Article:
Mr. Zuckerberg [Facebook’s 24-year-old chief executive] ... reflected on the 15 months since Facebook opened up its site to outside companies and invited them to build profitable features for it.
The move was generally seen as smart and somewhat momentous inside the tech world. Facebook says 400,000 developers have worked on tools for the site...
But Facebook’s platform has also generated its share of controversy. Many trivial applications have clogged the site, and sought to spread themselves among users using a variety of tricks. Frustrated, Facebook has tried to counter that and put more emphasis on significant and trustworthy applications.
“As happy as I am with the growth of the ecosystem, there are a lot of mistakes we made,” Mr. Zuckerberg said. “I think we can all agree that we don’t want an ecosystem full of applications that are just trying to spread themselves.”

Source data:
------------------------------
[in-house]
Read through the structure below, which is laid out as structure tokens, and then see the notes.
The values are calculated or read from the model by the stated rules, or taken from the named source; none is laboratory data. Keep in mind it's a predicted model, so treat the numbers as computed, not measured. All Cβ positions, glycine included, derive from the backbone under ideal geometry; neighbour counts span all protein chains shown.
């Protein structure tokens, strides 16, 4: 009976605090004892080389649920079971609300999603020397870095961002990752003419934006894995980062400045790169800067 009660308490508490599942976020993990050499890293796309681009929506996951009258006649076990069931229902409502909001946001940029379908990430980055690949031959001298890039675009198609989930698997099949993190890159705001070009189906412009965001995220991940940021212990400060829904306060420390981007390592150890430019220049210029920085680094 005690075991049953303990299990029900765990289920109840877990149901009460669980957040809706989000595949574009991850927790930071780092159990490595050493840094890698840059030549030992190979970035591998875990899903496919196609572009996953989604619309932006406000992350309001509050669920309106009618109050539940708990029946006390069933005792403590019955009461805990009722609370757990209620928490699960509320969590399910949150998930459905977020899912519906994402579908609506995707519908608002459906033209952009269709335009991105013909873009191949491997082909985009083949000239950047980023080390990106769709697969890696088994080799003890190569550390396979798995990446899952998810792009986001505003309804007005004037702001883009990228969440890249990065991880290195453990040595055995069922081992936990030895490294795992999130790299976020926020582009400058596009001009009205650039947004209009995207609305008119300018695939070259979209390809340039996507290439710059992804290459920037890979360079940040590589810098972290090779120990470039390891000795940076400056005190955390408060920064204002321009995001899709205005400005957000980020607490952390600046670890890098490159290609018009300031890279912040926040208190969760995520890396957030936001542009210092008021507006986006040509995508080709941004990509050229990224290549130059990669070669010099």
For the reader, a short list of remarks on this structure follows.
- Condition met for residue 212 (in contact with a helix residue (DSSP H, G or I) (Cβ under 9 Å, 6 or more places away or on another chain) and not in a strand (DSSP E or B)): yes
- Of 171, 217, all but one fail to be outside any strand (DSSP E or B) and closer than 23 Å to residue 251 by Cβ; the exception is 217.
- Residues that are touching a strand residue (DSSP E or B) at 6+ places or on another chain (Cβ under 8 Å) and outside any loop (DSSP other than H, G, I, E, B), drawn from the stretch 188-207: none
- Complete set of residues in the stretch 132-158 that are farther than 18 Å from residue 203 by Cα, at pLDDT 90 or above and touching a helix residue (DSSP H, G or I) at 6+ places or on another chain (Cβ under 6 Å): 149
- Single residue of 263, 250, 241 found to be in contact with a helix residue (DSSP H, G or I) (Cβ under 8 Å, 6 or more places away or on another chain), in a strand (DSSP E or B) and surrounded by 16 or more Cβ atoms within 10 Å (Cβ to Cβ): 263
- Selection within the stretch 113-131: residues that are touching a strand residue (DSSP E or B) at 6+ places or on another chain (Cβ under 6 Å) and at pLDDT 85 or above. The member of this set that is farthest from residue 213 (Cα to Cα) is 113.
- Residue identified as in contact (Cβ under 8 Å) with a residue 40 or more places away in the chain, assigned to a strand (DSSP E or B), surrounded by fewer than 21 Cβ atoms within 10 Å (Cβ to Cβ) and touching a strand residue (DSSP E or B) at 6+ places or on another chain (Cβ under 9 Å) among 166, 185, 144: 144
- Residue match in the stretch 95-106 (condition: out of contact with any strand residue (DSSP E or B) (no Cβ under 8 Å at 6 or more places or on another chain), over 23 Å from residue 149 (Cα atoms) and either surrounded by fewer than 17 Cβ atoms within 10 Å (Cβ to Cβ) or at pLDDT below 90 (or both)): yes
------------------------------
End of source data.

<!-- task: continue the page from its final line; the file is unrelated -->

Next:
To that end, Facebook announced a series of new incentives for developers to write what it characterized as “meaningful” tools for the service. It said it would pick certain applications that meet a set of Facebook principles to be part of a new “Great Apps” program.
Those applications will get higher visibility on the service and will be able to work more closely with Facebook. Causes, a charitable giving tool, and iLike, a music sharing service, were the first two applications to receive this designation...
Facebook said it was also setting up another level of certification, called the Facebook Verification program, for applications that meet the basic criteria of being secure and trustworthy. These applications will get added visibility and a graphical “badge.”
25 July 2008
From an article on the New York Times (emphases in red are mine):